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All We Had

Cast: Eve Lindley, Richard Kind, Mark Consuelos, Katherine Reis, Odiseas Georgiadis, Judy Greer, Tim Markham, Richard Petrocelli, Michael Cavadias, Randy Gonzalez

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Punch & Judy

(fish / marillion)
Punch
Punch and judy
Punch and judy
Punch and judy
Washing machine, pinstripe dream
Stripped the gloss from a beauty queen
Punch and judy, judy
Found our nest, in the daily express
Met the vicar in a holy vest
Punch and judy
Punch and judy
Brought up the children church of e
Now I vegetate with a colour tv
Worst ever thing that ever happened to me
Oh, for d.i.v.o.r.c.e.
Oh judy
Whatever happened to pillow fights
Whatever happened to jeans so tight, friday nights
Whatever happened to lovers lane
Whatever happened to passion games
Sunday walks in the pouring rain
Punch
Punch
Punch and judy
Punch and judy
Punch and judy
Punch
Punch
Punch and judy
Punch and judy
Punch and judy
Curling tongs, mogadons, I got a headache baby, dont take so long
Single beds, middle age dread
Losing the war in the waistlands spread
Who left the cap of the toothpaste tube
Who forgot to flush the loo
Leave your sweaty socks outside the door
Dont walk across my polished floor, oh judy
Whatever happened to morning smiles
Whatever happened to wicked wiles, permissive styles
Whatever happened to twinkling eyes
Whatever happened to hard fast drives
Complements on unnatural size
Punch
Punch
Punch and judy
Punch and judy
Punch and judy
Punch

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Give Your Heart To The Hawks

1 he apples hung until a wind at the equinox,

That heaped the beach with black weed, filled the dry grass

Under the old trees with rosy fruit.

In the morning Fayne Fraser gathered the sound ones into a

basket,

The bruised ones into a pan. One place they lay so thickly
She knelt to reach them.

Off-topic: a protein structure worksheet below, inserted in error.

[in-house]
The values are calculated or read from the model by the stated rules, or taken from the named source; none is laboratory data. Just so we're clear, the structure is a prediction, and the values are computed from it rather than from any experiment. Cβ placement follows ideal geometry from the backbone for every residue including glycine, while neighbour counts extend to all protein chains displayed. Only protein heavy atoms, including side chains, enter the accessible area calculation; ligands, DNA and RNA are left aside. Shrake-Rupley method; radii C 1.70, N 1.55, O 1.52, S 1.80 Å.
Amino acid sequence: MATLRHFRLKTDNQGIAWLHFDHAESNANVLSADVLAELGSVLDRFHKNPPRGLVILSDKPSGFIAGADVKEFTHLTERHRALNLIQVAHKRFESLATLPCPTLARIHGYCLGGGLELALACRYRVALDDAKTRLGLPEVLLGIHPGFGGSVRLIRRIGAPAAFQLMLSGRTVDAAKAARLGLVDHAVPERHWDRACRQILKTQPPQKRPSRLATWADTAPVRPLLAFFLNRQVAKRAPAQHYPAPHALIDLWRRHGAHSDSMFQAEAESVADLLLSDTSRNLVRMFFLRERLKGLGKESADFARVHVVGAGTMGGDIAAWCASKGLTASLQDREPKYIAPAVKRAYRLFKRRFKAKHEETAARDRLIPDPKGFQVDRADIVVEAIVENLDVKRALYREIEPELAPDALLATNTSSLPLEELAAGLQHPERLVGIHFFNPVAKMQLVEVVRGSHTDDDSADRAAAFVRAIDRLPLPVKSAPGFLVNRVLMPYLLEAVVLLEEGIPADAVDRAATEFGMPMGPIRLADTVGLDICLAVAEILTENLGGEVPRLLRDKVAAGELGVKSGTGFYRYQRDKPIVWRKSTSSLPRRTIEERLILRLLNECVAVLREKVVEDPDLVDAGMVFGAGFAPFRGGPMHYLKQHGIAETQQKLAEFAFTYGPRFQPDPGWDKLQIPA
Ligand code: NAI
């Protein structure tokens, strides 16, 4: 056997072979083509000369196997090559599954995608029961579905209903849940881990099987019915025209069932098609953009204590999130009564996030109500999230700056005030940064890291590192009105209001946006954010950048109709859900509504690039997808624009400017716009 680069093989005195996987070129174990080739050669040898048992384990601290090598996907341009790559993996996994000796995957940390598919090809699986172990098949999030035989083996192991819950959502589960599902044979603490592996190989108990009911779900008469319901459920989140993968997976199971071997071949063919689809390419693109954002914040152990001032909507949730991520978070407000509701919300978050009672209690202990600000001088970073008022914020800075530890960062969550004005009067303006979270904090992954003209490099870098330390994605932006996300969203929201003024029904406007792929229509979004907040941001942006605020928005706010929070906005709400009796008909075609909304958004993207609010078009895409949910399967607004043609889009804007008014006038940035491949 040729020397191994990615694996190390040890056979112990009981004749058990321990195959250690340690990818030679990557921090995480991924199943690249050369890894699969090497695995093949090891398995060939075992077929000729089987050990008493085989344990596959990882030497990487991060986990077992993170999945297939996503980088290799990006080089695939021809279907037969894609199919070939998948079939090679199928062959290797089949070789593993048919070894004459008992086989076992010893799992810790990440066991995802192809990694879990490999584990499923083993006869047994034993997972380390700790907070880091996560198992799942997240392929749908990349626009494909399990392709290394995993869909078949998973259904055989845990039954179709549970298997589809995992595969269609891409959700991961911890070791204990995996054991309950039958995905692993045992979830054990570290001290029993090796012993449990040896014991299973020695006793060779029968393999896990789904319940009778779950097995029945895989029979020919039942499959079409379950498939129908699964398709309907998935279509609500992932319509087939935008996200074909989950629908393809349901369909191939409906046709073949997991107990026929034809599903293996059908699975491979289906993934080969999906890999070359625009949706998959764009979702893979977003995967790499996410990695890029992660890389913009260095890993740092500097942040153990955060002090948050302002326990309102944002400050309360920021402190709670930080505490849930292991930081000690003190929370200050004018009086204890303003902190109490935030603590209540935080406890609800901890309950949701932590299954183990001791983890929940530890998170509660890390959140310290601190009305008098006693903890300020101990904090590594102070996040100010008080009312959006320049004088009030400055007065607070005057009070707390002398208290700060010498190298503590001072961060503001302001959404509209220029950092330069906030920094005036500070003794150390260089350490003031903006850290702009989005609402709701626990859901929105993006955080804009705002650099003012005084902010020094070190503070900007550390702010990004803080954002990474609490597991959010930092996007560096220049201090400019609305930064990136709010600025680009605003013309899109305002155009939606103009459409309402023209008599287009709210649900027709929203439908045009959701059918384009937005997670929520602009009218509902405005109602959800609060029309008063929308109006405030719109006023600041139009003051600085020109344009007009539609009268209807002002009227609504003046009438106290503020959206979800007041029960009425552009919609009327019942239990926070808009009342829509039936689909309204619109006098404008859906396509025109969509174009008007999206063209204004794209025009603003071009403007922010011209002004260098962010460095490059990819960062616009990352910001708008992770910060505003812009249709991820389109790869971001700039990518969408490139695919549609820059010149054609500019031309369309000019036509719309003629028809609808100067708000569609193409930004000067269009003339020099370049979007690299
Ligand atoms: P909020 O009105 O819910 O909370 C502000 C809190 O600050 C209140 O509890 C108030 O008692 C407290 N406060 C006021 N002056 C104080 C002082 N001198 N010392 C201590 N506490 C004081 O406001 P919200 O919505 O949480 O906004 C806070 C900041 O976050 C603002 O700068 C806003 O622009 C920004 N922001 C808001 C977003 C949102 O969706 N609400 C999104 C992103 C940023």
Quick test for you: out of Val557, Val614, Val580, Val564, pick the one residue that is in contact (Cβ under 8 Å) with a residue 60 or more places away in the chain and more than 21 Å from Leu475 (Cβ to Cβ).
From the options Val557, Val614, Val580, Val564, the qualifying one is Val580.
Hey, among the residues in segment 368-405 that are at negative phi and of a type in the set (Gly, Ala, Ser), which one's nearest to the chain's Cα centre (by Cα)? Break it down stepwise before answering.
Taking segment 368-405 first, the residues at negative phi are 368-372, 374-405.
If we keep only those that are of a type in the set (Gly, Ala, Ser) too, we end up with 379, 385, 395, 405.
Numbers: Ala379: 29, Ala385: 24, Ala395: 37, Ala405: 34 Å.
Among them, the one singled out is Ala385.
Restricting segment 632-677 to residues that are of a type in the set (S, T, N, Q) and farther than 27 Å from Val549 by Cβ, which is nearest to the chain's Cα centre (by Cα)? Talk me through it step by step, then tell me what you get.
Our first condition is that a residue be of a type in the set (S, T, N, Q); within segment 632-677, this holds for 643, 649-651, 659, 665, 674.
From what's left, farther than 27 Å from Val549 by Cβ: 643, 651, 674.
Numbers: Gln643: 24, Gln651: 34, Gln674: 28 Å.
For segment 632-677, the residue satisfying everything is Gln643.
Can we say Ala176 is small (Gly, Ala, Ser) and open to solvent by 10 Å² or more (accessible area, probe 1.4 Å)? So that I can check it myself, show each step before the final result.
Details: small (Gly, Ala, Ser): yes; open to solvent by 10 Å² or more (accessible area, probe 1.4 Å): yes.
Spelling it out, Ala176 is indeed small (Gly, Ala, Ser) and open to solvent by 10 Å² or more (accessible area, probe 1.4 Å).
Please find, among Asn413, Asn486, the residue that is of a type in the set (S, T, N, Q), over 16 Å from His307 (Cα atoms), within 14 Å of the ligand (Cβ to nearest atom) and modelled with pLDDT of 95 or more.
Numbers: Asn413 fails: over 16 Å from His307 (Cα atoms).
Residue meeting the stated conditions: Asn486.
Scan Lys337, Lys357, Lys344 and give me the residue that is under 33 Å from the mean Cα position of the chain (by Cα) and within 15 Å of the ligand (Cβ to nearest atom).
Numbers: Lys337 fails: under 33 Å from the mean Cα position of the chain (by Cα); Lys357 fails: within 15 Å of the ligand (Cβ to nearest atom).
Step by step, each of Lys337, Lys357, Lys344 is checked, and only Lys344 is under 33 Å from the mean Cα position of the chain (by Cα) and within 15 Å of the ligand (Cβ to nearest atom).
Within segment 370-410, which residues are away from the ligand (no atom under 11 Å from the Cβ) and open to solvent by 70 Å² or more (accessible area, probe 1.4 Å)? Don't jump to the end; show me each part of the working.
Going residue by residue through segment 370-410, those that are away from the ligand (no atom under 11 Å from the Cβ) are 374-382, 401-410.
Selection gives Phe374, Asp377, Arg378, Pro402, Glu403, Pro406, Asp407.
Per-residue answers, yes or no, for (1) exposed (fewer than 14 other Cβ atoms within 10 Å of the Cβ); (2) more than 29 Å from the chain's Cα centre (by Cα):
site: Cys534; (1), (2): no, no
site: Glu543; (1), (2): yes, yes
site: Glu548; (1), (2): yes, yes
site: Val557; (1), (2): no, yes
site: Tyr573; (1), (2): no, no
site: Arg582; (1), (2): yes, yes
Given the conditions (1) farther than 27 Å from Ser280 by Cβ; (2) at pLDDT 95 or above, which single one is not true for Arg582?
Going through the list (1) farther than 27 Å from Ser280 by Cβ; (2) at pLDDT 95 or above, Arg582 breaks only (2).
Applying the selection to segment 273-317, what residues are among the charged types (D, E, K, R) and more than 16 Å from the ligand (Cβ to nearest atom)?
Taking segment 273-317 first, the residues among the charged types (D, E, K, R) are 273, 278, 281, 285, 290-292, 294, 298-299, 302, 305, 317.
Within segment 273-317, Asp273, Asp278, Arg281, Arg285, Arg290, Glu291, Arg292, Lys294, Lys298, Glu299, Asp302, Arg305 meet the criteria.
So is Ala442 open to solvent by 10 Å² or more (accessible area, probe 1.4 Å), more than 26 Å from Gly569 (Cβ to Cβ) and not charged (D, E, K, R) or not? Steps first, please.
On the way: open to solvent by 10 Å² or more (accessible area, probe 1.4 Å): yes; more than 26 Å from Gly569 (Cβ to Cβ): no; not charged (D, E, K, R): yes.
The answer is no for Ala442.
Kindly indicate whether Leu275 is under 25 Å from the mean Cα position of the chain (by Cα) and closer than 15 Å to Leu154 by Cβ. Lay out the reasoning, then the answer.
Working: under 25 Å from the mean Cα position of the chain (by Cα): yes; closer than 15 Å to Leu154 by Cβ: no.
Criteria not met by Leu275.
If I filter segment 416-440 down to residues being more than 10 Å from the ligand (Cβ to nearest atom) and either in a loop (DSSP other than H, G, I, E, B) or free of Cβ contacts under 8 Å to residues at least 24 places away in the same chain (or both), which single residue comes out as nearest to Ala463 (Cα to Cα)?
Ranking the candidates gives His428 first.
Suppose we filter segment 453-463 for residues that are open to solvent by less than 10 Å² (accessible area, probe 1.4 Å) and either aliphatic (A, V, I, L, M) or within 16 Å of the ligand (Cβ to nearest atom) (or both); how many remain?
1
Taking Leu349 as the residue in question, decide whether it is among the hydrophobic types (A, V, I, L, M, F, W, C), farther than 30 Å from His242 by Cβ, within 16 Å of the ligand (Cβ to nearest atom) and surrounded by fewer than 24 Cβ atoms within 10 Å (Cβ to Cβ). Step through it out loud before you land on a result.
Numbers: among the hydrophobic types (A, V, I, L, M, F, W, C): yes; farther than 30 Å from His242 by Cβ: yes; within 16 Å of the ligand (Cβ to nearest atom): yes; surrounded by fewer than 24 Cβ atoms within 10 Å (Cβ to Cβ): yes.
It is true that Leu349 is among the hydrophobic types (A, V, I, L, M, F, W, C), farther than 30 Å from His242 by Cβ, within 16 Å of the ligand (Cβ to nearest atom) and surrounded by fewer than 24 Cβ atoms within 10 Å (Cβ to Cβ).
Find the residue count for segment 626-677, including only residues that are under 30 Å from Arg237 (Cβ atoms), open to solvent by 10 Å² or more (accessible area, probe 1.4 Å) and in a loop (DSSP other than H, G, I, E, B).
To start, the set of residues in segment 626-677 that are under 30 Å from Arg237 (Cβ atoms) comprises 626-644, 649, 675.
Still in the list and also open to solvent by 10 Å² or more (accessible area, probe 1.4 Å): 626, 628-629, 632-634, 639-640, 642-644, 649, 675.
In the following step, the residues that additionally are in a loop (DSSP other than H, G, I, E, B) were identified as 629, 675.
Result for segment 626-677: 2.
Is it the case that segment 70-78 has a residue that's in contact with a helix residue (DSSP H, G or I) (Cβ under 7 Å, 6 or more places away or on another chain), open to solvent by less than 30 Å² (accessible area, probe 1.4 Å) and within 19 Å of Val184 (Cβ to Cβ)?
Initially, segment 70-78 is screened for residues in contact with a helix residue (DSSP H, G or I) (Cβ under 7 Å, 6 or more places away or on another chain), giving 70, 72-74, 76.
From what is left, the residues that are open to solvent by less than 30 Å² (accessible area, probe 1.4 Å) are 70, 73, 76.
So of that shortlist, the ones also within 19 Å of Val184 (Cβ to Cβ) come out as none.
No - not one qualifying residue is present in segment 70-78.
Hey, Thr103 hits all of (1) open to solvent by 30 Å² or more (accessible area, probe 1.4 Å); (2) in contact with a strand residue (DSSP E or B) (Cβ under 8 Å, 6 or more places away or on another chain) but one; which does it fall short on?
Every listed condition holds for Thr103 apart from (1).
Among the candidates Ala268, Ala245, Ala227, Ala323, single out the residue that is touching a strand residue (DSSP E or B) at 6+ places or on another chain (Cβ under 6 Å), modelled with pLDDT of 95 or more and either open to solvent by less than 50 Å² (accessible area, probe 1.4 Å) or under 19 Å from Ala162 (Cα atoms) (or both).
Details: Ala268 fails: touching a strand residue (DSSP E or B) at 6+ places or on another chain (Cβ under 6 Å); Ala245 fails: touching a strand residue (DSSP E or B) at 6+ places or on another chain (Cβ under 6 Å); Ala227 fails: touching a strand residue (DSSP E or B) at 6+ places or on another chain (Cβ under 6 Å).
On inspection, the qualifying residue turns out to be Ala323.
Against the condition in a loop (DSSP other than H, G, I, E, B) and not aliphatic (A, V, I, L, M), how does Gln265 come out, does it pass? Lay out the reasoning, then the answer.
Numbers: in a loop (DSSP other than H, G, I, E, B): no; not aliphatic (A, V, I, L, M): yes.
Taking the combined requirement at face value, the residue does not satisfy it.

Her husband's brother passing
Along the broken fence of the stubble-field,
His quick brown eyes took in one moving glance
A little gopher-snake at his feet flowing through the stubble
To gain the fence, and Fayne crouched after apples
With her mop of red hair like a glowing coal
Against the shadow in the garden. The small shapely reptile
Flowed into a thicket of dead thistle-stalks
Around a fence-post, but its tail was not hidden.
The young man drew it all out, and as the coil
Whipped over his wrist, smiled at it; he stepped carefully
Across the sag of the wire. When Fayne looked up
His hand was hidden; she looked over her shoulder
And twitched her sunburnt lips from small white teeth
To answer the spark of malice in his eyes, but turned
To the apples, intent again. Michael looked down
At her white neck, rarely touched by the sun,
But now the cinnabar-colored hair fell off from it;
And her shoulders in the light-blue shirt, and long legs like a boy's
Bare-ankled in blue-jean trousers, the country wear;
He stooped quietly and slipped the small cool snake
Up the blue-denim leg. Fayne screamed and writhed,
Clutching her thigh. 'Michael, you beast.' She stood up
And stroked her leg, with little sharp cries, the slender invader
Fell down her ankle.

Fayne snatched for it and missed;


Michael stood by rejoicing, his rather small